Optimistic lung cancer patients live longer
Lung cancer patients who are optimistic were found to live longer than pessimists in a new study. The findings revealed that patients tested about 18 years before receiving a diagnosis of lung cancer lived six months longer compared to pessimistic patients.
Previous research links a pessimistic outlook with bad health behaviors and poor health. The scientists for the current study sought to clarify further how having a positive outlook affects health. Studies related to cancer patients have been mixed, and some research suggests that having a positive attitude has an important role for boosting immunity. Others suggest that pessimism can shorten the lives of cancer patients.
Individuals were screened for attitude using the Optimism–Pessimism scale (PSM) of the Minnesota Multiphasic Personality Inventory (MMPI) between 1997 and 2006. The study was a retroactive analysis that found individuals who scored higher on optimism 18 years before being diagnosed with cancer lived six months longer than those with a negative attitude, regardless of smoking, type of cancer, stage of disease, treatment, age, or gender.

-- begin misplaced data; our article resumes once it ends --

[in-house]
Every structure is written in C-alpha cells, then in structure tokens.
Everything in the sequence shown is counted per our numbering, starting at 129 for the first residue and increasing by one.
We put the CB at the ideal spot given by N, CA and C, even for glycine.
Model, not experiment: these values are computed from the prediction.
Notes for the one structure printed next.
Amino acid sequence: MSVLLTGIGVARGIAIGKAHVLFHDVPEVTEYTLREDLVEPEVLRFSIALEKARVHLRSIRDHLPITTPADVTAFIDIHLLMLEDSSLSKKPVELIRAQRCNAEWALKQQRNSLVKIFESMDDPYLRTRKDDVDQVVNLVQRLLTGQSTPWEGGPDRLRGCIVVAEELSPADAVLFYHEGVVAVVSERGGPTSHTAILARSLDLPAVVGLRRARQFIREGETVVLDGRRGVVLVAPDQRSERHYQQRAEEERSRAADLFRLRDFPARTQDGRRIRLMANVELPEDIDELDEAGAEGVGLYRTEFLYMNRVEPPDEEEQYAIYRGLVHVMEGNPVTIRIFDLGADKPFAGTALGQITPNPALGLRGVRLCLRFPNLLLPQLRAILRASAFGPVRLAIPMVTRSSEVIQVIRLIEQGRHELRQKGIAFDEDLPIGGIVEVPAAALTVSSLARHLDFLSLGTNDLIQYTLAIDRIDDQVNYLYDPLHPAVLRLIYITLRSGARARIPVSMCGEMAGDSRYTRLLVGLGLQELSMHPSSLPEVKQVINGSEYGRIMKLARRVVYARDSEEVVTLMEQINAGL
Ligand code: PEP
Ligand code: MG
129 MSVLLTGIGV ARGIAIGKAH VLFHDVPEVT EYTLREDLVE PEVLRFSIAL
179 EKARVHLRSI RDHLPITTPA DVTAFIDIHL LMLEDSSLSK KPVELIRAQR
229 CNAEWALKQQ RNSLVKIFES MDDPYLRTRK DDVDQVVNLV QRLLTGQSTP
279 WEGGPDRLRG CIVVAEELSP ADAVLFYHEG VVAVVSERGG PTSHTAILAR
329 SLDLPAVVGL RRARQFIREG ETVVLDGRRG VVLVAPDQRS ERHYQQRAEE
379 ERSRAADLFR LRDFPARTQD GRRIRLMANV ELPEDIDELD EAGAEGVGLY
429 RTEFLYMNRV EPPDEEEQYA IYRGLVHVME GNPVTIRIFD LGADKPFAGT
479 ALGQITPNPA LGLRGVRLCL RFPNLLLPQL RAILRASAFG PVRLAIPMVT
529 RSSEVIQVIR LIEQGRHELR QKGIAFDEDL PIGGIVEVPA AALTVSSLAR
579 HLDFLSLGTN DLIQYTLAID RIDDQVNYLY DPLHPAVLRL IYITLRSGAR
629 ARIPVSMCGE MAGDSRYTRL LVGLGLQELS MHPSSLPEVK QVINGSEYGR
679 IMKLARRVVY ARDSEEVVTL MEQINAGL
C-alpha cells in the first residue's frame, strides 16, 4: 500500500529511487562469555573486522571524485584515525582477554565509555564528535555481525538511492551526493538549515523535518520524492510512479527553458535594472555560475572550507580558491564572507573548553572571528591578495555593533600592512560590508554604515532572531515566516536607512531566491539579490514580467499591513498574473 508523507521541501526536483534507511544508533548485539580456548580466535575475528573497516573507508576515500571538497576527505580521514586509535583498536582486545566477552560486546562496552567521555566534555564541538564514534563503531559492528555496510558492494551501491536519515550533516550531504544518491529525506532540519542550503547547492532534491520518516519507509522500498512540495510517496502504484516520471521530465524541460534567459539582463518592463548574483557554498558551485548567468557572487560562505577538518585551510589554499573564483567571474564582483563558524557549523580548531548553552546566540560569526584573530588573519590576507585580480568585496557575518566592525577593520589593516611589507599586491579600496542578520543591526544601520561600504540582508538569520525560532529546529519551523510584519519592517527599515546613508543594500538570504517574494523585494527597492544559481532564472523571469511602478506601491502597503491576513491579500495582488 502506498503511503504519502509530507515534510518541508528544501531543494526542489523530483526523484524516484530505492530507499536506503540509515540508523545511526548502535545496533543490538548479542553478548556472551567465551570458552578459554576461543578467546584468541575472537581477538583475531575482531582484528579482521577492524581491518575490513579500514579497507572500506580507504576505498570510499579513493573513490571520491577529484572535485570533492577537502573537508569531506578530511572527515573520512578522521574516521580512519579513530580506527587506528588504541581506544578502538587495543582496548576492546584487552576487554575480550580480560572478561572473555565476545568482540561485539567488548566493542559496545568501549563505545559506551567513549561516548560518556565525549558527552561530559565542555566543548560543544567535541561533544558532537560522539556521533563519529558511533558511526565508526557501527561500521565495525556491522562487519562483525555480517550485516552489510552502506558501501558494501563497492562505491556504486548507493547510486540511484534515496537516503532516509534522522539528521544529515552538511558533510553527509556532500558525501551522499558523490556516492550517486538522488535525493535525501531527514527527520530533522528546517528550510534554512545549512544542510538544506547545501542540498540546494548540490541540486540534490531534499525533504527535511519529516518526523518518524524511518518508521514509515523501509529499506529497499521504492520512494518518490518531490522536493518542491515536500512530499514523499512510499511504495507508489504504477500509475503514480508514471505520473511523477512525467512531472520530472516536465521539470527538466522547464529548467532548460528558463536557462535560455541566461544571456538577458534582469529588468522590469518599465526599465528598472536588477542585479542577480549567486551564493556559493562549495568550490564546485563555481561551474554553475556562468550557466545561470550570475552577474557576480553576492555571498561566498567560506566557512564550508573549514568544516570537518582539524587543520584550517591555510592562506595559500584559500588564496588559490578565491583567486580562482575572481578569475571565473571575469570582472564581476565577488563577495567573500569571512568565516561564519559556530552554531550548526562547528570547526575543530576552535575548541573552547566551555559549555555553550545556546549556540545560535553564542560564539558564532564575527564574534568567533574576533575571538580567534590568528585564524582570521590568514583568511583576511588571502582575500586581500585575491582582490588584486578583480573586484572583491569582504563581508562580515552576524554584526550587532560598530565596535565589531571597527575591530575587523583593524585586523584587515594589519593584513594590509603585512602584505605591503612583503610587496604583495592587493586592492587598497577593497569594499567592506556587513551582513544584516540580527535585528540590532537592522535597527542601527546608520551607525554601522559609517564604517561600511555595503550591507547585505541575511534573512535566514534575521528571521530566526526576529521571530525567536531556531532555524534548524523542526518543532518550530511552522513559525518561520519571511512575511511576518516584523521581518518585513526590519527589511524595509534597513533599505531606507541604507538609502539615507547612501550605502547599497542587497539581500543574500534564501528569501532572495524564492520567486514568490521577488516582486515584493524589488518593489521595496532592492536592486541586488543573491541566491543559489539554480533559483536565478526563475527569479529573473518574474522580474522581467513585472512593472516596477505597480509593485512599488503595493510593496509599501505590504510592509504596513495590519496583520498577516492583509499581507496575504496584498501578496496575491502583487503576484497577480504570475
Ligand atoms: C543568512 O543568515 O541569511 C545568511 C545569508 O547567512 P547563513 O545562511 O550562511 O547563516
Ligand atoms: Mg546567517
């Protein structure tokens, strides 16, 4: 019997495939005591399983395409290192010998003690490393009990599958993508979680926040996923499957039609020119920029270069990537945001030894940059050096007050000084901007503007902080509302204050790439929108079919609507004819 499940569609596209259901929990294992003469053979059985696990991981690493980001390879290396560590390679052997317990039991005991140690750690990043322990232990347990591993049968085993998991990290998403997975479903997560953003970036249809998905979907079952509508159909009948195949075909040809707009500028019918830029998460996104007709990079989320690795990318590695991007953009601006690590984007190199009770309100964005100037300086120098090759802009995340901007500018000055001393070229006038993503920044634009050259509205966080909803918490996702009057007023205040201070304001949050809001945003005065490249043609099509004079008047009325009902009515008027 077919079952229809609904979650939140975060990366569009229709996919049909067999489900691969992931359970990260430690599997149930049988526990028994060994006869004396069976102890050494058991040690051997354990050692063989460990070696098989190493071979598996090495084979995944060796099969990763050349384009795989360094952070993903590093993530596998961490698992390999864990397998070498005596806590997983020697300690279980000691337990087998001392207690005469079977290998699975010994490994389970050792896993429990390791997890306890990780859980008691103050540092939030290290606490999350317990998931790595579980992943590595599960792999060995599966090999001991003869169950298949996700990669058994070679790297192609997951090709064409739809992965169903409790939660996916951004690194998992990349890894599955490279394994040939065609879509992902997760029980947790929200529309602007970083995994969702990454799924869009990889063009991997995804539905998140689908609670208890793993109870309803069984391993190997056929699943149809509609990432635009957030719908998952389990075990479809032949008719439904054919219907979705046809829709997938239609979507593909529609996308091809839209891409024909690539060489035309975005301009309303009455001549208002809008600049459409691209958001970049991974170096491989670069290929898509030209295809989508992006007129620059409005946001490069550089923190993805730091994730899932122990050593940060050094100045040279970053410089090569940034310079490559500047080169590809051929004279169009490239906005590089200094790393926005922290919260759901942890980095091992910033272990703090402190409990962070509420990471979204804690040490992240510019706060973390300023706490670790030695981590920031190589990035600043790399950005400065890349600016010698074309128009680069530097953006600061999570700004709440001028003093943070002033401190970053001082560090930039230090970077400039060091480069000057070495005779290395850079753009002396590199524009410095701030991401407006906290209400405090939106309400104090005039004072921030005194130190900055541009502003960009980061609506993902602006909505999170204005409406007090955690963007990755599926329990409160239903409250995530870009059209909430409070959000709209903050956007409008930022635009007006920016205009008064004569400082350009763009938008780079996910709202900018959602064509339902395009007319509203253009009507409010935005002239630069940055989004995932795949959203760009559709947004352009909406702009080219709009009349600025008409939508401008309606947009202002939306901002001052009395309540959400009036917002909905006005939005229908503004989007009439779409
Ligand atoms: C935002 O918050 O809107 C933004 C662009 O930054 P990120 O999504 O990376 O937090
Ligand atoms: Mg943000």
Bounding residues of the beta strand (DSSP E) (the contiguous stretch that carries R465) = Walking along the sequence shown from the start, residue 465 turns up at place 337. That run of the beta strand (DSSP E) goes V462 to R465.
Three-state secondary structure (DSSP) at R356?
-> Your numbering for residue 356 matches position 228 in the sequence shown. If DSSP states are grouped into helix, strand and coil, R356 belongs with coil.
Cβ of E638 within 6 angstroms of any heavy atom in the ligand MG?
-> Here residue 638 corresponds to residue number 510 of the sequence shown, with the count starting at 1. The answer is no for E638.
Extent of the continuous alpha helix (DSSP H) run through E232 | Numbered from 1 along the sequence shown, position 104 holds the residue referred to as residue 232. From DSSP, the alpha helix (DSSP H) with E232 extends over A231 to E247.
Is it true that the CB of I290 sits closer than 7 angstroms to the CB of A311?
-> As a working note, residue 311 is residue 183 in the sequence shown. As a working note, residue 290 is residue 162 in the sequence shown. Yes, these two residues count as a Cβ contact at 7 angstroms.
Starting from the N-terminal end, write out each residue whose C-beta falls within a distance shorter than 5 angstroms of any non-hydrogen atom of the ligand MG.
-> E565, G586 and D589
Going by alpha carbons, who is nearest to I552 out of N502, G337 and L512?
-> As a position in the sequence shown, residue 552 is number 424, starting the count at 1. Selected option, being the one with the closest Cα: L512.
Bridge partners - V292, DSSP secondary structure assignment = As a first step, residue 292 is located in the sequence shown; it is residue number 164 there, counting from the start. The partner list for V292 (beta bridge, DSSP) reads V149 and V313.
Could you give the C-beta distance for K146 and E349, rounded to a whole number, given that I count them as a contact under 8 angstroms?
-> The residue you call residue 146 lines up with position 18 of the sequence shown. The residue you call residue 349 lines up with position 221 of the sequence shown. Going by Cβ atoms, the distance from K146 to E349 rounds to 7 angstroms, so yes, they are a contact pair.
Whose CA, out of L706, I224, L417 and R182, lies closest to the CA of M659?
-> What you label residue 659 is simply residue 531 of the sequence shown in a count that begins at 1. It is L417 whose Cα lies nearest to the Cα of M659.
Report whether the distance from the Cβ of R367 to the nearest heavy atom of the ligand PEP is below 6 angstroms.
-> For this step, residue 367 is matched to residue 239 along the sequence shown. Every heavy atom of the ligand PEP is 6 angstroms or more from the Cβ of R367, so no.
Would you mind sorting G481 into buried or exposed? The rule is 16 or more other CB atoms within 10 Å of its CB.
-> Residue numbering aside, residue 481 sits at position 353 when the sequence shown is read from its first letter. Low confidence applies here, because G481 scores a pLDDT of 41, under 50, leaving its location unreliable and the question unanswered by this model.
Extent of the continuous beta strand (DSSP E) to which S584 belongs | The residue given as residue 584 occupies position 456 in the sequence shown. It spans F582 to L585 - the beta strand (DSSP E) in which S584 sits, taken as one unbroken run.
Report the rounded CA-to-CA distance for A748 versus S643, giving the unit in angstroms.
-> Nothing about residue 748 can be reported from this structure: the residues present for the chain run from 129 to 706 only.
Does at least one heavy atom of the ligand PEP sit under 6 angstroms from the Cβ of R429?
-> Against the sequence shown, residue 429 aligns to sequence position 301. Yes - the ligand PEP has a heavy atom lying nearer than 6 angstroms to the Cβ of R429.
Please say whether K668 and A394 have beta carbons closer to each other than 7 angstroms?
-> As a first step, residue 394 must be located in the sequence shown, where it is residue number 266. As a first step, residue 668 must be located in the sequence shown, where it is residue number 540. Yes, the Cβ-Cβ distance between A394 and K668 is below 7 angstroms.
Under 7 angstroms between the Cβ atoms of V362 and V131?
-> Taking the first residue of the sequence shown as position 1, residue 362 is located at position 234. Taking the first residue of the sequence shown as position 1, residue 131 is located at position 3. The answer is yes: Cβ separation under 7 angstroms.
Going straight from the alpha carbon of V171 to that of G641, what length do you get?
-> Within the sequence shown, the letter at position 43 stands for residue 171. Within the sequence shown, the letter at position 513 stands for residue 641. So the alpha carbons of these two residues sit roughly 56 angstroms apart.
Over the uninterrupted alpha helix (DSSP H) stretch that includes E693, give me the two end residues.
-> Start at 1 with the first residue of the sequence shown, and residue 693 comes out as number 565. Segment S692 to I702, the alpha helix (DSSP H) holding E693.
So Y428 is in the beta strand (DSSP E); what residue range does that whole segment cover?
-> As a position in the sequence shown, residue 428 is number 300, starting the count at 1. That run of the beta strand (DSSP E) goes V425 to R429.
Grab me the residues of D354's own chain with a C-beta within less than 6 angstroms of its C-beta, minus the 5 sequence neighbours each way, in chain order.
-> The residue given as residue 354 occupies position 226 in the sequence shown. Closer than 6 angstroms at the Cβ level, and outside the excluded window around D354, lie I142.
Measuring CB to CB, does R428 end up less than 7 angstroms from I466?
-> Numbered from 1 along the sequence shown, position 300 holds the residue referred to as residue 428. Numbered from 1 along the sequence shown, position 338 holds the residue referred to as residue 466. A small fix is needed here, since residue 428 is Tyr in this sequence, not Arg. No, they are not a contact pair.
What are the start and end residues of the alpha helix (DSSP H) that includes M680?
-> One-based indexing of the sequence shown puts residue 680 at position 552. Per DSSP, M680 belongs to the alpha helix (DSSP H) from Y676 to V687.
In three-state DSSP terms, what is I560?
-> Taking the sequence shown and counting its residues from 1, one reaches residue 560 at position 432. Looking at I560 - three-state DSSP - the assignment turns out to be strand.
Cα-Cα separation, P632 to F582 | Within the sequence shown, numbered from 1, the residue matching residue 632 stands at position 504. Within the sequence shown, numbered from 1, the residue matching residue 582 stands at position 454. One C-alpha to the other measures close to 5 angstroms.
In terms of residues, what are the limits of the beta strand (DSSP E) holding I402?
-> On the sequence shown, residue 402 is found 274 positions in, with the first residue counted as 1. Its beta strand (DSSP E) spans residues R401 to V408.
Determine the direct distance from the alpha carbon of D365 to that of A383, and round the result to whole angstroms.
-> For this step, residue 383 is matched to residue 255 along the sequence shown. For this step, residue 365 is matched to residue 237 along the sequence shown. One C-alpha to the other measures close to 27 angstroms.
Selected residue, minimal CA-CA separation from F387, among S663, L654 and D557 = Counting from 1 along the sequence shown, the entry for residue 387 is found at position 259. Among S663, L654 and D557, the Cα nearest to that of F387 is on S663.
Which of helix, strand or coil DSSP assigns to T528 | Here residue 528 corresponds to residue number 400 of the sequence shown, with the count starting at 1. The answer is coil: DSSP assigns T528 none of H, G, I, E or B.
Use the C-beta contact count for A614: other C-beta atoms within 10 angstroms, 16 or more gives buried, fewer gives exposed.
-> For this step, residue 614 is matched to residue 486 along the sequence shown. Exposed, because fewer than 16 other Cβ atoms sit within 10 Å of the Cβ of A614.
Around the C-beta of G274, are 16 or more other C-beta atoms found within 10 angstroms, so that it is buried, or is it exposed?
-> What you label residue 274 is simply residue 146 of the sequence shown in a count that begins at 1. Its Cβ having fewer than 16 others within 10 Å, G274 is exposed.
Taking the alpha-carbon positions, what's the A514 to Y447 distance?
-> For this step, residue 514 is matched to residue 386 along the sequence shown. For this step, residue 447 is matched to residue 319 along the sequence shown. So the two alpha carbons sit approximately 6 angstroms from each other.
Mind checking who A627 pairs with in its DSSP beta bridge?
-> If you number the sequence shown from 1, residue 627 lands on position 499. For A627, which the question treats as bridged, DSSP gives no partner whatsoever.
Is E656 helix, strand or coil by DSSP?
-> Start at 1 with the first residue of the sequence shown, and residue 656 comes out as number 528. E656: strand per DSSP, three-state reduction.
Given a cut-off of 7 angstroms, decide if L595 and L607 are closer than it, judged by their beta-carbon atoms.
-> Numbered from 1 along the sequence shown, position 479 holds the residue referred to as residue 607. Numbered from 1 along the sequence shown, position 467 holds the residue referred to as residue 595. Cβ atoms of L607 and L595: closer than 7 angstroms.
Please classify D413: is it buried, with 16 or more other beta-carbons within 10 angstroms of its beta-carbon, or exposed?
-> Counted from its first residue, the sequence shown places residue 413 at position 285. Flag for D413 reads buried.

Paul Novotny, MS of the Mayo Clinic says, "Despite limitations, the results may provide insights for advancing patient care in cognitive therapy, one of the many treatment dimensions. This may ultimately aid in enhancing current approaches to patient care, such that clinicians may improve survival not only by developing new medical treatments but also by targeting patient's psychosocial characteristics most likely to negatively affect cancer treatment decisions and ultimate outcomes."
Novotny also calls the study “impressive”, and included 534 adults. The five year survival rate for lung cancer patients with a positive attitude was 32.9 percent compared to 21.1 percent for pessimists. The findings show that having a positive attitude might extend the lives of patients dealing with cancer.
Journal of Thoracic Oncology